Annulment and Divorce

Annulment and Divorce – What’s the Difference?

So, your marriage has ended. Depending on your circumstances, you can either apply for a divorce or an annulment of your marriage.


To apply for a divorce, there is one ground – that your marriage has experienced an ‘irretrievable breakdown’. This means that there is no chance that you and your spouse will get back together.

To demonstrate that there has been an irretrievable breakdown, it must be shown that you have separated for at least twelve months prior to applying for the divorce.


Annulment is where someone seeks a decree of nullity. This means that there was never a valid marriage.

To obtain a decree of nullity, you have to prove that either one of these grounds exist:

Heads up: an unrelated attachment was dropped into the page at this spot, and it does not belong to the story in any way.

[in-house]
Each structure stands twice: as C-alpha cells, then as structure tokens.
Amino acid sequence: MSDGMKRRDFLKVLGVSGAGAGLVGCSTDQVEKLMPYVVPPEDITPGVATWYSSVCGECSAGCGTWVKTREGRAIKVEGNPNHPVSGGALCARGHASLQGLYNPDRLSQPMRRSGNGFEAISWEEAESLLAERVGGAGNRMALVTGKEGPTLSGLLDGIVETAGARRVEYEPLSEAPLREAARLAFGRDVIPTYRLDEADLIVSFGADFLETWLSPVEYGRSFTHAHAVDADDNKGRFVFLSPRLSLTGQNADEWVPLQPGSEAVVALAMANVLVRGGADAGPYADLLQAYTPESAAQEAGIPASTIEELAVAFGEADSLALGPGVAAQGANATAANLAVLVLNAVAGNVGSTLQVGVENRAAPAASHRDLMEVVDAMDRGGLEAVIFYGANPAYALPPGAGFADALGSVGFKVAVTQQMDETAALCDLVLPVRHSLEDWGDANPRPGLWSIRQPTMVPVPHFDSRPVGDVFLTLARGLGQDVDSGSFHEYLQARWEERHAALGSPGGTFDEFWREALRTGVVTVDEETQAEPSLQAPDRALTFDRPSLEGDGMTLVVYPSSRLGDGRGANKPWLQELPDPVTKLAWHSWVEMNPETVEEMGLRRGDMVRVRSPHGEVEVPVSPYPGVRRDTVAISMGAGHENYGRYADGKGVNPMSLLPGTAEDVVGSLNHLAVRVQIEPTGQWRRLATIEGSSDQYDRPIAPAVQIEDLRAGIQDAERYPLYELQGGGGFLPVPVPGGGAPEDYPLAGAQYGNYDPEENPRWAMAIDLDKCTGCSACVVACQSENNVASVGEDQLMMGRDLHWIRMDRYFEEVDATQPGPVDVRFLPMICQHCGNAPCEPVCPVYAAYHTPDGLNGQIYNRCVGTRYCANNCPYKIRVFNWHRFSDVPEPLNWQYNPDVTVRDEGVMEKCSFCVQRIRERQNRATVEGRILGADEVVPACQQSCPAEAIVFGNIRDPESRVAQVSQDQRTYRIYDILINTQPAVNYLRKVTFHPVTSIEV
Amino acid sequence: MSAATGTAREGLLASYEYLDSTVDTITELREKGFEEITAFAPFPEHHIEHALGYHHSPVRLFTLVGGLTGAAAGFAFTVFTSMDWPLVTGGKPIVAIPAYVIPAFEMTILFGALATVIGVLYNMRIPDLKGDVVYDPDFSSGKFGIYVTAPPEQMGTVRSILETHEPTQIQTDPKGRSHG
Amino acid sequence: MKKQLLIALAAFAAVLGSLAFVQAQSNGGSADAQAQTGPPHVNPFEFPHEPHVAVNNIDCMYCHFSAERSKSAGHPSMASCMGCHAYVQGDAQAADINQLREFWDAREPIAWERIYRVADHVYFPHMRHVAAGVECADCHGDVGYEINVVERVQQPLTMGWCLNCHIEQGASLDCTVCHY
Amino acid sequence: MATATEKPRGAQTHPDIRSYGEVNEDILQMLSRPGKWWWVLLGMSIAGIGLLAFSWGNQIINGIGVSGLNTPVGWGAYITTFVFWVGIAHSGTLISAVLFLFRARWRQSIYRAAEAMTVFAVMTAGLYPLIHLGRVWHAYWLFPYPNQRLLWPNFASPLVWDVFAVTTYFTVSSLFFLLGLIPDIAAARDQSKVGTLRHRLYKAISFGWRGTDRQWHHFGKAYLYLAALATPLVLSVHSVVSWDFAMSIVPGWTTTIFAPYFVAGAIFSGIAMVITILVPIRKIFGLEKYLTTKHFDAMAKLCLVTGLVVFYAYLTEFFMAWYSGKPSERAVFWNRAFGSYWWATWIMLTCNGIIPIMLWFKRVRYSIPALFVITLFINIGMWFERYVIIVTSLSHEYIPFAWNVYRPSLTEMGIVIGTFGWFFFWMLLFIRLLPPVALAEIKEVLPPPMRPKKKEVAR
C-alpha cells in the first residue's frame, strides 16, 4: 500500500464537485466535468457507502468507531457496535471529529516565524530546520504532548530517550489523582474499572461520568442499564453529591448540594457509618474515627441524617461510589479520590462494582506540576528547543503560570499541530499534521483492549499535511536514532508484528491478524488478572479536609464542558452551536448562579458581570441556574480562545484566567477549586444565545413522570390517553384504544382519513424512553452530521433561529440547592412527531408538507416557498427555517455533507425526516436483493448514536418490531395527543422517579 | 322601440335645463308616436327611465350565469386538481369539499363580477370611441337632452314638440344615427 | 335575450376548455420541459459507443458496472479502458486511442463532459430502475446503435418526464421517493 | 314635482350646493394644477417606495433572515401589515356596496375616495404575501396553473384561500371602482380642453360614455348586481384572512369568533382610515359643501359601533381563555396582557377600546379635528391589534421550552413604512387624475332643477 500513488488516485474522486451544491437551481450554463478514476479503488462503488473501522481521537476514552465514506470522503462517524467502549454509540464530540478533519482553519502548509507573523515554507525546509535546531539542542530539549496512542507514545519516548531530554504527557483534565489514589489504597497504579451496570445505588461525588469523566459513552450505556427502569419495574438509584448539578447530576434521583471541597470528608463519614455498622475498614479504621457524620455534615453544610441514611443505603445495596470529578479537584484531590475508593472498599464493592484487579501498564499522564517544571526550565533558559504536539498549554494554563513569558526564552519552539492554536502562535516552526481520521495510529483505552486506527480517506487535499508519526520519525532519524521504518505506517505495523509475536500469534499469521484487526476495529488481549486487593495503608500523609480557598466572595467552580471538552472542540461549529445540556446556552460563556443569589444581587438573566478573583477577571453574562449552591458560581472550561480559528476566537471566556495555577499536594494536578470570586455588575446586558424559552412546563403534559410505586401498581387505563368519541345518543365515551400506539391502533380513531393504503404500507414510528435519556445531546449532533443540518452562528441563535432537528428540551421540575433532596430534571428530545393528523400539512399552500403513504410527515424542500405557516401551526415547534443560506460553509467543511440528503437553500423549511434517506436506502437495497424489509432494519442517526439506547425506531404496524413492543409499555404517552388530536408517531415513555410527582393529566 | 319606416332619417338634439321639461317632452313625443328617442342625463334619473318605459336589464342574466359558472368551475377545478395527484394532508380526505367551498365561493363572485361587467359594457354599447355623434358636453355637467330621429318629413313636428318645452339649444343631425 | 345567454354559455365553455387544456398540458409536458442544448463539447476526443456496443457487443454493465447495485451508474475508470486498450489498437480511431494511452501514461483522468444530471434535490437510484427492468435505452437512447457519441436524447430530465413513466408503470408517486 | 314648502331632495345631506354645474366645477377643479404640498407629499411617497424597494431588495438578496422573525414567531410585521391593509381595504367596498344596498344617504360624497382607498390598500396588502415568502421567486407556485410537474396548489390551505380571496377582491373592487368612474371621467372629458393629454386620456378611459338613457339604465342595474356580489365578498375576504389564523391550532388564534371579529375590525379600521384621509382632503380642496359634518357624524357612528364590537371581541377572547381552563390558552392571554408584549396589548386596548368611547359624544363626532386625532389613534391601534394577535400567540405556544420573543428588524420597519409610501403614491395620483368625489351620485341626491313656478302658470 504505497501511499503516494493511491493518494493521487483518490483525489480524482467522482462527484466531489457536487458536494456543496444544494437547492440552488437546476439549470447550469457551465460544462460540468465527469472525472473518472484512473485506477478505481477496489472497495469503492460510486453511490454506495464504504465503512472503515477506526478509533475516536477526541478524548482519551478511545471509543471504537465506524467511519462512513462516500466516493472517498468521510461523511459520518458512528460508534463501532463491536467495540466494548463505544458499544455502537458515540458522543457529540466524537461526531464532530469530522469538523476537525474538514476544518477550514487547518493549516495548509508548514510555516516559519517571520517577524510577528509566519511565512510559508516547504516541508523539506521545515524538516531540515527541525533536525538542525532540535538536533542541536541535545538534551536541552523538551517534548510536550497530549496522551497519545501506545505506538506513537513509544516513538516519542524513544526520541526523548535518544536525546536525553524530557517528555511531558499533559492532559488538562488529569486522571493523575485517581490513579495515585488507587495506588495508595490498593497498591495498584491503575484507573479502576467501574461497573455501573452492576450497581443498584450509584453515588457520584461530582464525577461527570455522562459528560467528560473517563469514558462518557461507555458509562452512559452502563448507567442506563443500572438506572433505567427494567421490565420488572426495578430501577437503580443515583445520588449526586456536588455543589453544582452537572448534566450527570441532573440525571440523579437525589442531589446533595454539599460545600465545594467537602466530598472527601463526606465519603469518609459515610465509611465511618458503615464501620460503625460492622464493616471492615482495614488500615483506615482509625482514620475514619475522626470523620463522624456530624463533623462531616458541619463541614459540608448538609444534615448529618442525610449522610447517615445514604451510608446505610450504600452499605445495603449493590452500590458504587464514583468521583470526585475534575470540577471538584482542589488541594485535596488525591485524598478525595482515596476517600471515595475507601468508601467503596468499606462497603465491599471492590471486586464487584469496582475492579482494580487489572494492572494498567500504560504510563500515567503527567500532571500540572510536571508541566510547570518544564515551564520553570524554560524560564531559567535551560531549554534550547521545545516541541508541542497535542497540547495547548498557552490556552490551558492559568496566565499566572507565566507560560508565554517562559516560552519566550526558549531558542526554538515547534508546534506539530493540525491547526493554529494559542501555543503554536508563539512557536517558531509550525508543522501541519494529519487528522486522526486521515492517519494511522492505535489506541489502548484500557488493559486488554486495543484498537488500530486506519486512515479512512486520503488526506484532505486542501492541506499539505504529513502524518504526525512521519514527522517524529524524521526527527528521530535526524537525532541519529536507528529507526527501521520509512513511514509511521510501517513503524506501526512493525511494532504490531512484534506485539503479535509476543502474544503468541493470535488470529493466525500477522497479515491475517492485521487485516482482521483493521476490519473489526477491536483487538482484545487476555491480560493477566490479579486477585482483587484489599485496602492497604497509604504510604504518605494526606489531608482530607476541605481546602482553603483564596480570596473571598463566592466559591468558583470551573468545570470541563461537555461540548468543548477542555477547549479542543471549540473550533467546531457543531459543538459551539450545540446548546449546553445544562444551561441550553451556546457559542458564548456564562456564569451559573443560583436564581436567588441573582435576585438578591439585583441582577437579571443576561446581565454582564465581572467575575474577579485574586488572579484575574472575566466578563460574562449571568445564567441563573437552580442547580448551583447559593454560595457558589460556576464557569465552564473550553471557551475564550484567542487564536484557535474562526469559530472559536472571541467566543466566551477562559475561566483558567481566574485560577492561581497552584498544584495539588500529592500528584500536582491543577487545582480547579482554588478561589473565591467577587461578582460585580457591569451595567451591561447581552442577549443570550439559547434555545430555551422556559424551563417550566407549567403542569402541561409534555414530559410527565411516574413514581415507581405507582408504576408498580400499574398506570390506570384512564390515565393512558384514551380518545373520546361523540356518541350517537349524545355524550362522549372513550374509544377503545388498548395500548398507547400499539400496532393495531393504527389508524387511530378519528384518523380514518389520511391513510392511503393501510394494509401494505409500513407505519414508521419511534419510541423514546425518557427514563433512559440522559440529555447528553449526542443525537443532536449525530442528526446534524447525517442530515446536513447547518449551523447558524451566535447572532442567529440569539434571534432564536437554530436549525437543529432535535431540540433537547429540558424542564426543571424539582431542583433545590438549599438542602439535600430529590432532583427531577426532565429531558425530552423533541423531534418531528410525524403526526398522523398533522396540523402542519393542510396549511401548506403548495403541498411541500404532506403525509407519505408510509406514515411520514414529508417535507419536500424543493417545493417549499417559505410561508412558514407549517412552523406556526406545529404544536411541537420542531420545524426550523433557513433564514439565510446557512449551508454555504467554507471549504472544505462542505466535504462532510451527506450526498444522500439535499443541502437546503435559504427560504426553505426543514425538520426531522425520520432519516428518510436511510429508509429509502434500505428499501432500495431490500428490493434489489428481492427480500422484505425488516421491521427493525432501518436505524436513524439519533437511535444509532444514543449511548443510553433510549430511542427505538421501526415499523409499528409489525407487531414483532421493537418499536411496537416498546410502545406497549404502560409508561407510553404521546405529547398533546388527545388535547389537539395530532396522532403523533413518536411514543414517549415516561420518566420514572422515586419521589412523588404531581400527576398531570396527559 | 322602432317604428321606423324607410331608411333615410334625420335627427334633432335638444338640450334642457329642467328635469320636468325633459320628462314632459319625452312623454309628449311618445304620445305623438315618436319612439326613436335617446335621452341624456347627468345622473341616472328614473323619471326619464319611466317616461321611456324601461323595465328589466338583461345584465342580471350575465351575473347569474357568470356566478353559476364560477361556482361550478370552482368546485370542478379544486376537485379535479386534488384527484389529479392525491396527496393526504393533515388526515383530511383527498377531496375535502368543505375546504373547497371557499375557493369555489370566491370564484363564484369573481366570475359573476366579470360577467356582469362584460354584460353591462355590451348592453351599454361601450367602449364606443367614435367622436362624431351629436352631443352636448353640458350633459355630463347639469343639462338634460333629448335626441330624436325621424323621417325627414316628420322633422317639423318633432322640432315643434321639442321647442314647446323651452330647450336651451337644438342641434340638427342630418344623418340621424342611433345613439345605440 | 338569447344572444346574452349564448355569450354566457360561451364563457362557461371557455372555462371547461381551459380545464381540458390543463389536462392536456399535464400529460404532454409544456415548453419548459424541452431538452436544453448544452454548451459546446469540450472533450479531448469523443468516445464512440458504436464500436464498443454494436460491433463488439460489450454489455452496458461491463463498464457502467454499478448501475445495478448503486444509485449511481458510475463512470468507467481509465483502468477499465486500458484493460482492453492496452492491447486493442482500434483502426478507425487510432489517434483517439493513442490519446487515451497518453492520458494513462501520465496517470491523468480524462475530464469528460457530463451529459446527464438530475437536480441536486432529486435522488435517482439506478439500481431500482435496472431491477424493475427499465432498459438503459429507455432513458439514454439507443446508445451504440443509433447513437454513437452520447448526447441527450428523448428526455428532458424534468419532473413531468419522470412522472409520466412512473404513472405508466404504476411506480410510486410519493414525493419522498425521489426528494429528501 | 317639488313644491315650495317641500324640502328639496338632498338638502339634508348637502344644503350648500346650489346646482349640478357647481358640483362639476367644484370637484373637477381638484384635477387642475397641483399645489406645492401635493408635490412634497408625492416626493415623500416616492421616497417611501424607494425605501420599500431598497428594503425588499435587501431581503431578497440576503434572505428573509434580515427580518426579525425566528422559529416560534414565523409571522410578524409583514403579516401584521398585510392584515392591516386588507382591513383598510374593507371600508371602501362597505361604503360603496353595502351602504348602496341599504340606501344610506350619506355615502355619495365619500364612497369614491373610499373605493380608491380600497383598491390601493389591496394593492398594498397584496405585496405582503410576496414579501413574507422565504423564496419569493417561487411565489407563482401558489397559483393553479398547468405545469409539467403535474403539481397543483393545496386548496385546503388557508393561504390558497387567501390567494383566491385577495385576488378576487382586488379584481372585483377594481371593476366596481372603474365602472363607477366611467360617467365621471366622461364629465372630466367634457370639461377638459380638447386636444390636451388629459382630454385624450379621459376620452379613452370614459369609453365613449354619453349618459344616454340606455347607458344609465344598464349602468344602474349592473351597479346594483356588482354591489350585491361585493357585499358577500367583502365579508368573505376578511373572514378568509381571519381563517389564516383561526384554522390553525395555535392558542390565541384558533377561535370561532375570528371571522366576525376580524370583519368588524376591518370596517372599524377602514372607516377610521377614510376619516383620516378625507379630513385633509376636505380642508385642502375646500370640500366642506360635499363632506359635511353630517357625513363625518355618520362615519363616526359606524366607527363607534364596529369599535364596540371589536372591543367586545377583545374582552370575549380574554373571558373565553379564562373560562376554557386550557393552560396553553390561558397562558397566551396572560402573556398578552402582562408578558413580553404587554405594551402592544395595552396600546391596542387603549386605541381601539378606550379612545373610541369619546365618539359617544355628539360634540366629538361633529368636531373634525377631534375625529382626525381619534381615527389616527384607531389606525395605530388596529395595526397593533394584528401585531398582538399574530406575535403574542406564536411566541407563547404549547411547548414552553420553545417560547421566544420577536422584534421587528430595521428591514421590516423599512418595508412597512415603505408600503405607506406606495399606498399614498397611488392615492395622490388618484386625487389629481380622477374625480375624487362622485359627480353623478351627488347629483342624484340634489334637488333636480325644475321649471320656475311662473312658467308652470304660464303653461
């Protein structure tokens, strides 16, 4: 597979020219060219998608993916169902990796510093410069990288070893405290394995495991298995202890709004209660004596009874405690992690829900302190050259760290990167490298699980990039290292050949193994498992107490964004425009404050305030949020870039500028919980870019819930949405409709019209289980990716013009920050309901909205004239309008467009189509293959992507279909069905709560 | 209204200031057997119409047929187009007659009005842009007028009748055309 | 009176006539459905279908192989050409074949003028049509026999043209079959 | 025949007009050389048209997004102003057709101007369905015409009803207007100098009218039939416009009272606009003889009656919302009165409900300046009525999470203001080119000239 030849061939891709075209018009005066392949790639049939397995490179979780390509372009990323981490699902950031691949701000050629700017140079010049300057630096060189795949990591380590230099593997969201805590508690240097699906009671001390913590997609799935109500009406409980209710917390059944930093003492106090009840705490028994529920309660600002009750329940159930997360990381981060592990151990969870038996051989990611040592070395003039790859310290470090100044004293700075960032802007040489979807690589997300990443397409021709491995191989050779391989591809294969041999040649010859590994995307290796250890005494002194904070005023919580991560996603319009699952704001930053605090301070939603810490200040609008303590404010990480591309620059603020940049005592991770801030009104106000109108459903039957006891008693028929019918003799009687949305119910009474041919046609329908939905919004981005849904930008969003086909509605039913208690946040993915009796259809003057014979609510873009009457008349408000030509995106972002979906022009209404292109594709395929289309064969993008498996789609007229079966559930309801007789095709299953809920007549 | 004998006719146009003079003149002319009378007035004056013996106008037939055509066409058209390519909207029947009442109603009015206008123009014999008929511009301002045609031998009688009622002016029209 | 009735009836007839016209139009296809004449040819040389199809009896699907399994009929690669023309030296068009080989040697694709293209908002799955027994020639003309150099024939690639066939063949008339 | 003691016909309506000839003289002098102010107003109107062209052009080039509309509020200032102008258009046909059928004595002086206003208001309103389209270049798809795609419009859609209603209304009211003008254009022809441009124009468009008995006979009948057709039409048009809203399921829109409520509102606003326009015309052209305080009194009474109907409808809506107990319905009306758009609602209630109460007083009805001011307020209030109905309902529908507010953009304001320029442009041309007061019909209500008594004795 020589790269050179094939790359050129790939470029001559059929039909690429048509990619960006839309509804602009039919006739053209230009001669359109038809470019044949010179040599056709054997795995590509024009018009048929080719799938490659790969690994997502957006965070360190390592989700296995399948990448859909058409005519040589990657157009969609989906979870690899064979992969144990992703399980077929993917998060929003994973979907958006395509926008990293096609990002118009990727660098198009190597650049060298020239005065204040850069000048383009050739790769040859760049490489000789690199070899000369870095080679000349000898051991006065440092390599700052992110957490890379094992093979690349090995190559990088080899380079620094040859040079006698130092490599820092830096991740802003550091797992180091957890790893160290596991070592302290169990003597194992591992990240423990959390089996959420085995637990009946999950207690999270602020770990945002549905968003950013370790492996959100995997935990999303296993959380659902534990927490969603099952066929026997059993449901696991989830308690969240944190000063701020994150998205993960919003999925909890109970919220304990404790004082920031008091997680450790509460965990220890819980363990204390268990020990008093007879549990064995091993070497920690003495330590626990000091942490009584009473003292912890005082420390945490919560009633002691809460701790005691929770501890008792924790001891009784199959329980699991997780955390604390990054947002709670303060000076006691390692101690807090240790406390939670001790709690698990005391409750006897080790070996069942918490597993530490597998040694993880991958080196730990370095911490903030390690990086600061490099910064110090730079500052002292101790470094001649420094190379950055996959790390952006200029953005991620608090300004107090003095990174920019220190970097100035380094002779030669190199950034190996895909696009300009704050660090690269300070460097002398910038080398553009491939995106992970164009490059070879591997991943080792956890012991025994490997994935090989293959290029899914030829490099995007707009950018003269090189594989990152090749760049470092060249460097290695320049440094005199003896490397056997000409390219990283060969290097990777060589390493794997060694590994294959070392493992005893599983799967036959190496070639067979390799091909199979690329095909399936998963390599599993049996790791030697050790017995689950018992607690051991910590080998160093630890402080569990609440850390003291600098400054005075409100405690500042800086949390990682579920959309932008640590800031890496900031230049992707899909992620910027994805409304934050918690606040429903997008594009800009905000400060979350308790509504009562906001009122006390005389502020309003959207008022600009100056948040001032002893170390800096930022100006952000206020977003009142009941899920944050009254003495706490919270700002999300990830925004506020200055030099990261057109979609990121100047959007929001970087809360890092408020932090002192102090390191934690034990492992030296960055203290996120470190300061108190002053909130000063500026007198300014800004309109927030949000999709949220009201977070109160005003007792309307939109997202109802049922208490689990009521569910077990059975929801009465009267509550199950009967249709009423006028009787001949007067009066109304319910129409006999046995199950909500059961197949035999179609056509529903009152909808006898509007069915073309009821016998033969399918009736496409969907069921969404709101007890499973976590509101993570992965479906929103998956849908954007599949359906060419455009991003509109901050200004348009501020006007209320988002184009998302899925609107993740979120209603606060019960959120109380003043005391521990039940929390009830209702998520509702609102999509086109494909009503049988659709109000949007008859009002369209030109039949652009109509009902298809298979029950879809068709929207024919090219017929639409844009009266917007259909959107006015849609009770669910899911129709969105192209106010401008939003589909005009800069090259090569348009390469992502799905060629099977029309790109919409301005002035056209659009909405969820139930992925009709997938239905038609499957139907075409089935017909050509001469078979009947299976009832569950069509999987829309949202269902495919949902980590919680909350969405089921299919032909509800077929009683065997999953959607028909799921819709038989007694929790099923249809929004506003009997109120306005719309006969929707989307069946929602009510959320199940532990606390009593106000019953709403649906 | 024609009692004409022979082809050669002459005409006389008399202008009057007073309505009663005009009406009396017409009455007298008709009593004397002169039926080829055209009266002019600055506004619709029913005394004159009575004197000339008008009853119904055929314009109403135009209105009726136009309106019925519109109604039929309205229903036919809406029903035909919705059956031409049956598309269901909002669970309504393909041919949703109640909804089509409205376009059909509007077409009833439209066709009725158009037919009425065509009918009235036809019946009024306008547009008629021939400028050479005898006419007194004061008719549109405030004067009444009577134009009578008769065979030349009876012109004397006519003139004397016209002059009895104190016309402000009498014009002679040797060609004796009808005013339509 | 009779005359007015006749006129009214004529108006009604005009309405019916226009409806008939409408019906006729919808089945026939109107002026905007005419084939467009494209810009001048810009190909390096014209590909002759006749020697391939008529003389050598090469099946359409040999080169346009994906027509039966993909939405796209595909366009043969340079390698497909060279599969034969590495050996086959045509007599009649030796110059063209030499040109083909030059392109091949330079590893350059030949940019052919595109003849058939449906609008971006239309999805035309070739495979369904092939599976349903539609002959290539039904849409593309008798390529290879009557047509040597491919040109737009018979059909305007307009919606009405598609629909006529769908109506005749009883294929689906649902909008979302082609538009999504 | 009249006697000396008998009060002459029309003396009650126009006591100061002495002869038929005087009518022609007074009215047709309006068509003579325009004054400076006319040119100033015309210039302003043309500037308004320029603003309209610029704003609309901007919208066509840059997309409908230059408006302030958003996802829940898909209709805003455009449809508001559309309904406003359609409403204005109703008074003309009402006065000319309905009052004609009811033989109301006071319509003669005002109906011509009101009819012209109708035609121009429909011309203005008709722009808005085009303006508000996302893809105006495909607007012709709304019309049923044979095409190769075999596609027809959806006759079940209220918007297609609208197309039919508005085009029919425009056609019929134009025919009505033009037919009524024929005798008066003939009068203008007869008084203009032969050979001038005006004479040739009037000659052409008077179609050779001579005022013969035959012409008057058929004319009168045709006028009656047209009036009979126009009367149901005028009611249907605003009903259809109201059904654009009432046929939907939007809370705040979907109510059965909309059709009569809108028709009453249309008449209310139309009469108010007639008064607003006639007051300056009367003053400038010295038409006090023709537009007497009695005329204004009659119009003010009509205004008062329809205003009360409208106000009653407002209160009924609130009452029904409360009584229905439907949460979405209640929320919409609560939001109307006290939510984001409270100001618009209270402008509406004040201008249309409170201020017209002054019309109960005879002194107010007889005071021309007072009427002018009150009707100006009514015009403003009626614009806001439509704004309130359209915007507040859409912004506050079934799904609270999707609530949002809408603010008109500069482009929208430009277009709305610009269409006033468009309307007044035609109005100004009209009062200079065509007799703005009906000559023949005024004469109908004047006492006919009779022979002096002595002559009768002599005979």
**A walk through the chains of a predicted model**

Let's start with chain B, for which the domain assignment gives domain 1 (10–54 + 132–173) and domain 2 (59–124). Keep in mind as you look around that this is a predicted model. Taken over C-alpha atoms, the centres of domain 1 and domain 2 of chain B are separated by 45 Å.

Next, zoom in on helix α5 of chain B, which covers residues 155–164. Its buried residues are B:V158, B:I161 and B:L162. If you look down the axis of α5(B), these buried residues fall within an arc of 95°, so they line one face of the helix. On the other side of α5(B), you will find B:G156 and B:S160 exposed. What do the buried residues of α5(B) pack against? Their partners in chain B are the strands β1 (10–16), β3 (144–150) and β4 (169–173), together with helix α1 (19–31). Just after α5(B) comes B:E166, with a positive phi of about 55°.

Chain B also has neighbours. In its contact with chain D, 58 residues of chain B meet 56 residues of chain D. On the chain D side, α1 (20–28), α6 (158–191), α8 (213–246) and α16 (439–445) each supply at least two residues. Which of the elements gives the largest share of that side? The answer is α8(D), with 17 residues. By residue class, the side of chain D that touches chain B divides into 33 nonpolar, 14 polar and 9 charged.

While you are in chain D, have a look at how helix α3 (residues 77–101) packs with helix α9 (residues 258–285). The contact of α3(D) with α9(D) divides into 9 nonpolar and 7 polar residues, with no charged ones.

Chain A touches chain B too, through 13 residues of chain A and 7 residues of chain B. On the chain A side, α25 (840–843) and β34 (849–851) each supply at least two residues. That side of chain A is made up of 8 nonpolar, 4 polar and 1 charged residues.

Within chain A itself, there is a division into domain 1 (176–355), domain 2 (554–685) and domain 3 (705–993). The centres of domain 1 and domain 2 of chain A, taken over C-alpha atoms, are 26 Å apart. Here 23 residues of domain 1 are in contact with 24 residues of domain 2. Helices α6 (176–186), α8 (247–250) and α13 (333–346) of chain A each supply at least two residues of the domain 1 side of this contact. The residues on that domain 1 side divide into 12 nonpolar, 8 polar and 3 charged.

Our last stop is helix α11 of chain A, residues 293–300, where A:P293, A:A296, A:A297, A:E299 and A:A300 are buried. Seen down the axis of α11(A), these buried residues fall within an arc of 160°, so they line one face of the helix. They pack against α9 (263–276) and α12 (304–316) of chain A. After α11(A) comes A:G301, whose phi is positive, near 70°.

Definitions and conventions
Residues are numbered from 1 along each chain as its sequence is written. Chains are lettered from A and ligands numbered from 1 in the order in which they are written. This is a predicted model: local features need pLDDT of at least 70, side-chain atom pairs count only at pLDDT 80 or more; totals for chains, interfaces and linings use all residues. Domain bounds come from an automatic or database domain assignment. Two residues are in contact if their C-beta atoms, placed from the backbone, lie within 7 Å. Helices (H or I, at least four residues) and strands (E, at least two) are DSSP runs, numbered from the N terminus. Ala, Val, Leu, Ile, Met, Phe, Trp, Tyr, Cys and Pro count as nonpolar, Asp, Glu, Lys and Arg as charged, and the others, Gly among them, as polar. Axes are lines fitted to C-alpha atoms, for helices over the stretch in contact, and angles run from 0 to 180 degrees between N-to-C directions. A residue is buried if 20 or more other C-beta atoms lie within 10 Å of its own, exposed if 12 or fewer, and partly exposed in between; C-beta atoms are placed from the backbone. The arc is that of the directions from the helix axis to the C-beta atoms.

• One of the parties was already in a valid marriage at the time of the marriage in question.
  • The parties were too closely related to each other and they were not aware of the is fact at the time of marriage to each other.
  • The requirements of the Marriage Act were not met.
  • There was no valid consent between the two parties to the marriage.
  • One or both parties was not of marriageable age.

If one of these grounds cannot be met, then you would have to remain separated for the required twelve months before applying for a divorce.

Who can apply for a divorce or annulment in Australia?

To apply for a divorce or an annulment in Australia, at least one of the parties must:

  • Be an Australian citizen,
  • Live in Australia and regard it as your permanent home, or
  • Usually live in Australia and have done for at least twelve months prior the application.

How can you apply?

You will need to fill out an application for divorce or an application for nullity and pay the fee. If you can provide a health care card or a pension card you may be entitled to a reduced fee.

Before applying and paying the fee, you should speak with a family lawyer about how to protect your interests with a divorce and your chances of success with an annulment application.

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